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Tuesday, January 15, 2019

Is Wisdom 2:12-20 A Messianic Prophecy?

  • Discussion:
           -Roman Catholic apologists, in their zeal to defend the veracity of the Apocrypha, will sometimes make the following claim:

           "Wisdom 2:12-20 is one of the clearest passages that point to a person who would call himself Son of God, who would be put to death by jealous people."

           Then, the author of the quoted excerpt goes on to parallel that text from the apocryphal Book of Wisdom with various passages from the four gospels. This was done in an effort to prove that the seven additional books that the Roman Catholic Church has included in its Old Testament canon are of divine origin. The discourse of the apologist being critiqued here appears to be fairly reasonable on a surface level, but the presented information nonetheless falls far short of proof.

          The first and foremost problem with this argumentation is that it neglects the intention of the original author. The context was originally about the wicked, the persecution of the righteous, and the vindication of God’s children. This pious literature is very similar to the Book of Proverbs. Christ ultimately fulfills the themes of this text because He is the ultimate righteous man who suffers and is vindicated. However, it was not written originally as a prophecy. The same themes can apply to faithful Christians today. This contrasts with a text like Isaiah 53 that sets up the enigmatic Servant that suffers on behalf of His people. Wisdom 2:12-20 is talking about a "righteous man", not Christ. To take similarities and claim prophecy in this case is pure eisegesis.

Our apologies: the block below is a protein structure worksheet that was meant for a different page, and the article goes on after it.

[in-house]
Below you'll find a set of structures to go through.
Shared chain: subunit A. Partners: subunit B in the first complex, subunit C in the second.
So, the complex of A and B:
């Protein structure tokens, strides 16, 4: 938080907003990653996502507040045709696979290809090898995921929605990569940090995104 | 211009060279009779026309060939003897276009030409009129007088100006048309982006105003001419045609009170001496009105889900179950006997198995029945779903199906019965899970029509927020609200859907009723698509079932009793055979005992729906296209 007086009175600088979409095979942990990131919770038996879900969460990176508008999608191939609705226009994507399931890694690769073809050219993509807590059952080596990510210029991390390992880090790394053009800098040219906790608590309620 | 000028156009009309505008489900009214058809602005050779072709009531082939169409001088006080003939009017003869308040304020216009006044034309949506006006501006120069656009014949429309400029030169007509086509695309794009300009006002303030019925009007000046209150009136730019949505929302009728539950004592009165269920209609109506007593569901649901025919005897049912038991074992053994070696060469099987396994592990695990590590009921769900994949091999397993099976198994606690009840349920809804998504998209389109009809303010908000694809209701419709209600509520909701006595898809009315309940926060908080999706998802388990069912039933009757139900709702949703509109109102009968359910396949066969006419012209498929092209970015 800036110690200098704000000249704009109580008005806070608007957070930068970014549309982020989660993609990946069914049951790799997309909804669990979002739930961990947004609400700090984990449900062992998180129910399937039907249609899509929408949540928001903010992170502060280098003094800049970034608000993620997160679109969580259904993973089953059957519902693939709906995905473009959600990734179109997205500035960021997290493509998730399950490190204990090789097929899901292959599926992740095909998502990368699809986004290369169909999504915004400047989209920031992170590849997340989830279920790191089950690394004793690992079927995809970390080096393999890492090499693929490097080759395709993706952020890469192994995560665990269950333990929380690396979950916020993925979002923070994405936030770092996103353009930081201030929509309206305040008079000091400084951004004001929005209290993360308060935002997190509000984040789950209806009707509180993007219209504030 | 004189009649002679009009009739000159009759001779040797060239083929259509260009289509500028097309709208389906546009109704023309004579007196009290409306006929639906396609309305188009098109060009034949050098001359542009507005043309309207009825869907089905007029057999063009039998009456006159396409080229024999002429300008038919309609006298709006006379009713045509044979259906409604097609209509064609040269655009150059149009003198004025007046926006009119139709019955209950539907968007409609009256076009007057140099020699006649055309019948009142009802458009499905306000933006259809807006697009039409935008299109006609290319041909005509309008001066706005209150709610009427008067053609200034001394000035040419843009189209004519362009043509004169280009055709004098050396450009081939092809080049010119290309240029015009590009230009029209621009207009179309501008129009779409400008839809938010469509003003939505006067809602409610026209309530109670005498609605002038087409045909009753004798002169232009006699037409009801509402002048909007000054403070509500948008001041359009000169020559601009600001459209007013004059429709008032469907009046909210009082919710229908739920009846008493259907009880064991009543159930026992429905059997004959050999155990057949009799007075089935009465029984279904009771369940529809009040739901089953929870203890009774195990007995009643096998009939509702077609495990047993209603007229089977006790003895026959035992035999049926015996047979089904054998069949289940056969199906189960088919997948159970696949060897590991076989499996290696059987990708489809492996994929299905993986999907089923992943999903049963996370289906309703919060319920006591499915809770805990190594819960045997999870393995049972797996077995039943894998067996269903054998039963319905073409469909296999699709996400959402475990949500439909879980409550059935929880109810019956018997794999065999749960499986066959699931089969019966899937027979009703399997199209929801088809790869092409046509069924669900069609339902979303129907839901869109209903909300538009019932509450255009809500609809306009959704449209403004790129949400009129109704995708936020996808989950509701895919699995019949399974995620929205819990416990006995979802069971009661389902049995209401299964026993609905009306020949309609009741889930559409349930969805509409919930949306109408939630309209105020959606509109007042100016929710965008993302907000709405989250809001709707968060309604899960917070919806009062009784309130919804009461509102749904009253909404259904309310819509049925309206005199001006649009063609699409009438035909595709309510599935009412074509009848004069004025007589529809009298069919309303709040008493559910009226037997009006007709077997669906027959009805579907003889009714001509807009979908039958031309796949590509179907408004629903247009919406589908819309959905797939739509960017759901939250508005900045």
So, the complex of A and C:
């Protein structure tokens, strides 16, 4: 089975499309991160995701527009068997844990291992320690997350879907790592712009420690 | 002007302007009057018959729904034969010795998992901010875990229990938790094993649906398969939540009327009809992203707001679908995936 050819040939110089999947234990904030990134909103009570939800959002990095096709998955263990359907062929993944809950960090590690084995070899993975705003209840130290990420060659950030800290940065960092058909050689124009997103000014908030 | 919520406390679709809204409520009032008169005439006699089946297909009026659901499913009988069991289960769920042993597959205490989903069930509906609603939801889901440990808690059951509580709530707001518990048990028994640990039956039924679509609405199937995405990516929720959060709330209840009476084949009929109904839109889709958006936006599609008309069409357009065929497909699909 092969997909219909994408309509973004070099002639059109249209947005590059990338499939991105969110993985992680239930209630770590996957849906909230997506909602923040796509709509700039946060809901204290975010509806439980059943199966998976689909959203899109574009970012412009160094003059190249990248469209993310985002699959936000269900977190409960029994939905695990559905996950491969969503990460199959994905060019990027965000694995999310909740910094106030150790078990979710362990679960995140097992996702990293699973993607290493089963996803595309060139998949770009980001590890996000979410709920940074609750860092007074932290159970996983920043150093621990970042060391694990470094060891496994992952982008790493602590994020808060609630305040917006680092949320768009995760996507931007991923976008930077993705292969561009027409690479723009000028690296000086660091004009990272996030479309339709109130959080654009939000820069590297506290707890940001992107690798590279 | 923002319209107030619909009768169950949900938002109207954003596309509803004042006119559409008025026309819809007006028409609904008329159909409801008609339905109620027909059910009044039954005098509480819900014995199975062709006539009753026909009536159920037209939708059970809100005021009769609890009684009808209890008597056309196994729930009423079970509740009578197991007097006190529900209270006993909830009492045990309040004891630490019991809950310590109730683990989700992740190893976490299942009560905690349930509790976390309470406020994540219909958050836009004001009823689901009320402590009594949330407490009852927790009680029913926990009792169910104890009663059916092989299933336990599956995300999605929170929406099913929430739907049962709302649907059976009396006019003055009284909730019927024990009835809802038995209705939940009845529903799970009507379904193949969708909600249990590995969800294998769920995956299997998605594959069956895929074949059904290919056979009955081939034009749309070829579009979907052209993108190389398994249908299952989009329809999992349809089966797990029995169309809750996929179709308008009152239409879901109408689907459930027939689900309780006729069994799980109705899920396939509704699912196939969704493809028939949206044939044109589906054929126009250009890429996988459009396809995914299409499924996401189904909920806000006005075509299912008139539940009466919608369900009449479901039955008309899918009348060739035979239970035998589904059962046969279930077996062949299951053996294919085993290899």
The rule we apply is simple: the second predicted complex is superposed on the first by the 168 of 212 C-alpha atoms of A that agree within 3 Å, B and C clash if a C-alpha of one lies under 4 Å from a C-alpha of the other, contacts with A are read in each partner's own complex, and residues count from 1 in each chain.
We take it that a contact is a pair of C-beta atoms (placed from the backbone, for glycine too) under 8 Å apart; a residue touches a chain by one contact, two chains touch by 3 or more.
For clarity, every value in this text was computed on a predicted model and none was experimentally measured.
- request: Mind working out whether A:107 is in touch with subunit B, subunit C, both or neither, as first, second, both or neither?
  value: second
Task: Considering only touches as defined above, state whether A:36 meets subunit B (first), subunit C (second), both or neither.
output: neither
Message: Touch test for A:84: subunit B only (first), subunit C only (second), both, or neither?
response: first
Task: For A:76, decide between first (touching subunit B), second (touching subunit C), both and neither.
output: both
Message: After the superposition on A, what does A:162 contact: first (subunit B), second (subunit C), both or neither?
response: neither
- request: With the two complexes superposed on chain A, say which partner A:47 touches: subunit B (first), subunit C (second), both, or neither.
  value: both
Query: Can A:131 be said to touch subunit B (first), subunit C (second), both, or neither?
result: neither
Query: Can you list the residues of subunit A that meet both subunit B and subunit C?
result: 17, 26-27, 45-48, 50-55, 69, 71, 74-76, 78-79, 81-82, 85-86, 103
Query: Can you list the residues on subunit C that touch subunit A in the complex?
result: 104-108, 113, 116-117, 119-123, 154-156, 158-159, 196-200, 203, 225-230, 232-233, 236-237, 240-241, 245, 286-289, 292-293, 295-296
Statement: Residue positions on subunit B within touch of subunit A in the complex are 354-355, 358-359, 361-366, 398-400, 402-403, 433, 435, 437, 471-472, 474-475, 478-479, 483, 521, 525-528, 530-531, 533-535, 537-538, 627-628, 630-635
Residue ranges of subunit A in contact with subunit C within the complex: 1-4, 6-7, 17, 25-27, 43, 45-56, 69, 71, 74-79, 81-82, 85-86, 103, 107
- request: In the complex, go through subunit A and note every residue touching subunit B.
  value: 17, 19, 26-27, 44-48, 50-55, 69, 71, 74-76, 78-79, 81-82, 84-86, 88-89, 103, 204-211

Even if Wisdom 2:12-20 was intended to speak of the coming Messiah, it does not require us to accept it as inspired or canonical. The statements could be gleaned from what the canonical books of the Old Testament teach. In fact, the United States Conference of Catholic Bishops says the following regarding Wisdom 2:12-20:

          "[2:12–5:23] From 2:12 to 5:23 the author draws heavily on Is 52–62, setting forth his teaching in a series of characters or types taken from Isaiah and embellished with additional details from other texts."

           There was all kinds of Jewish literature at the time that spoke of the coming Messiah in light of canonical Scripture. There are other Jewish writings that even Roman Catholics would not accept as canonical that speak of the coming Messiah. Consider, for example, the book of 1 Enoch.

           The authorship of the Book of Wisdom is unknown. It was not a part of the Jewish canon. It was originally composed in Greek. It was written during a time when there were no prophets alive in Israel. The author was obviously familiar with texts of the Old Testament, but that factor does not in itself prove the work to be inspired. The authors of the New Testament never cited Wisdom 2:12-20, which would be ironic if it truly was a Messianic prophecy. Interestingly, the Wisdom of Solomon seemingly elevates wisdom to the level of Godhead. Wisdom 7:26 says, "For she is the reflection of eternal light, the spotless mirror of the power of God, the image of his goodness." Yet, the Scripture reserves such special recognition for Jesus Christ (Hebrews 1:3). That certainly constitutes a problem. In conclusion, the claim that Wisdom 2:12-20 is a Messianic prophecy is a false one.

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